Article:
Over the years, with the advancement of technology, different breakthroughs have been made in our interaction with computers. The experience that was limited to viewing 2D objects on a screen has evolved to the stage that we have augmented reality and virtual reality, in which we can have an immersive experience in our applications with the help of headsets connected to our machines. We will explore building an application using React VR.

This opens up endless possibilities. It allows users to experience computers and the world like they have never done before. From Virtual Tours of Tourist Centres to magnificent virtual reality games with Oculus and Vives.

In this article, we are going to be looking at how to build a scoreboard with running commentary to give sports lovers a different way to experience games.

Requirements – build-scoreboard-running-commentary-react-vr

To get started, you would need the following:

  • NodeJS and NPM installed locally.
  • Basic knowledge of JavaScript.
  • Knowledge of ReactJS.

When you have the requirements listed above, let’s continue with the article.

Creating the project with React VR

First, we need to install the React VR CLI tool. We will need this to initialize new ReactVR projects. To install the tool, run this command on your terminal:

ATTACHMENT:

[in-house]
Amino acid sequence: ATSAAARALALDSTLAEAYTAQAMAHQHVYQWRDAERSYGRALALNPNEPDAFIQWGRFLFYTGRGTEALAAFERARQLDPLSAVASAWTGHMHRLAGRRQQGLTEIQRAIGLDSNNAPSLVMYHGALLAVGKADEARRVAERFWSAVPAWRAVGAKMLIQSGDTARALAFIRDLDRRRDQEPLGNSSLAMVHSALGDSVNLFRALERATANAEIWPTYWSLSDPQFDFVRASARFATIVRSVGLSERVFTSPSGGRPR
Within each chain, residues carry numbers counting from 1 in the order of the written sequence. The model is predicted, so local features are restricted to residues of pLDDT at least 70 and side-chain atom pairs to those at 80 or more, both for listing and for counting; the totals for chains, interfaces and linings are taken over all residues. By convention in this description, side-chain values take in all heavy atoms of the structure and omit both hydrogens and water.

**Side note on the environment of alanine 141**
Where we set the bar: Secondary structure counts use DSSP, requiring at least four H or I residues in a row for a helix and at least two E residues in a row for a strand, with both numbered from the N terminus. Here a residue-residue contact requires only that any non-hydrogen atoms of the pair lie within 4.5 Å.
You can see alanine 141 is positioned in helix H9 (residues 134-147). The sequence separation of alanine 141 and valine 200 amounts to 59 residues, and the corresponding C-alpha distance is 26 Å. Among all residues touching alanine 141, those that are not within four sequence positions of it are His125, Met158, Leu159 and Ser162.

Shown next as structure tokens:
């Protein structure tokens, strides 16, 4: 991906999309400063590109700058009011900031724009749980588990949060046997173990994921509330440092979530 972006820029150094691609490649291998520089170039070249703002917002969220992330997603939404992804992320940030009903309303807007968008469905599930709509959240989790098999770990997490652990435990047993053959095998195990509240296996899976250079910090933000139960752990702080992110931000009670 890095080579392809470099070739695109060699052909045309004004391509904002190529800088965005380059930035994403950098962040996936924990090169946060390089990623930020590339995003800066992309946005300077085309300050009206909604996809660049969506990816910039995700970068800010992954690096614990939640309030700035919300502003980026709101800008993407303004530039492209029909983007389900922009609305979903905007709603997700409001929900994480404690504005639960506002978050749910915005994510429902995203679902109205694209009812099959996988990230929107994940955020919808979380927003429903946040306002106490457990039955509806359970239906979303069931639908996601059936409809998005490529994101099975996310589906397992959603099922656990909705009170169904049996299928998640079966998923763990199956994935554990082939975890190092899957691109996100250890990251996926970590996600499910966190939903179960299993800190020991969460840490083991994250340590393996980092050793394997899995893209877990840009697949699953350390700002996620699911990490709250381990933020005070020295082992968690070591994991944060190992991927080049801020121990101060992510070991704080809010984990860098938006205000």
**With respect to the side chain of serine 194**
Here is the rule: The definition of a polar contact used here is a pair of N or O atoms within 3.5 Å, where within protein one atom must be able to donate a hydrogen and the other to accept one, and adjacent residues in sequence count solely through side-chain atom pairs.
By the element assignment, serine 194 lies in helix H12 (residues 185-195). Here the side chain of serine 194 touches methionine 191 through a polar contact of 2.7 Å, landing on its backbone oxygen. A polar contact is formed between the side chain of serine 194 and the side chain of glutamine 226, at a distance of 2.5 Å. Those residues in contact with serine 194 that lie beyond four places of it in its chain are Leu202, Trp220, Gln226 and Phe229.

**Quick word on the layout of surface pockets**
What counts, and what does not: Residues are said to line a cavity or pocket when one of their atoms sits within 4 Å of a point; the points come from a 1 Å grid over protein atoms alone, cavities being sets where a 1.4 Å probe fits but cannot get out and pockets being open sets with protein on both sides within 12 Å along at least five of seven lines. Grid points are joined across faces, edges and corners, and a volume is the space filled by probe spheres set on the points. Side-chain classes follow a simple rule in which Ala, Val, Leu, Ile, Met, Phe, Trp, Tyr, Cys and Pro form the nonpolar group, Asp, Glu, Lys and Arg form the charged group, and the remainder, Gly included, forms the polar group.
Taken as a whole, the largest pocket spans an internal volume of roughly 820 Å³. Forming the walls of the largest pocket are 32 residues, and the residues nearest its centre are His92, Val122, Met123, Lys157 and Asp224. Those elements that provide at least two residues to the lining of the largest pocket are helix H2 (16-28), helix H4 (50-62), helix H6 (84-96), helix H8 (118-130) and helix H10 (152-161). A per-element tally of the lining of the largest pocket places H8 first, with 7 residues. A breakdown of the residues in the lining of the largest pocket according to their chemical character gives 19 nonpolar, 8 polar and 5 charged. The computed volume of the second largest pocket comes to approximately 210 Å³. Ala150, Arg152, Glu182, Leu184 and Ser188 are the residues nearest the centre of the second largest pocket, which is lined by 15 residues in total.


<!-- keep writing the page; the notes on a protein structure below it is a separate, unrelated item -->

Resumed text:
npm install -g react-vr-cli

Once this is done, we create our simple ReactVR project. To create a ReactVR application run the following command:

react-vr init scoreboard-vr

react-vr init

To start the development server, run this command on your terminal:

cd scoreboard-vr
npm start

Now that we have set up the base application, you can view the app here: http://localhost:8081/vr/. This will launch something similar to this:

3D preview

Creating scenery

When you create the project using the init function, some basic files are created by default. Since we are making a scoreboard application, we want to set the scenery. In the index.vr.js replace the contents of the render function with this:

[...]
render() {
return (
<View style={{
flex: 1, flexDirection: 'column', width: 2, alignItems: 'stretch'
}}>
<Pano source={asset('lille-pitch.jpg')}/>
</View>
[...]

We set the source to the image in our static_assets directory . When you visit the app, we have:

Scenery screenshot 1

Scenery screenshot 2

Changing the background

If you wish to change the background, you can do so by placing the image you want in the static_assets folder and then supplying the relative path to the image in the Pano component of your index.vr.js:

[...]
<Pano source={asset('relative/file/path')} />
[...]

Components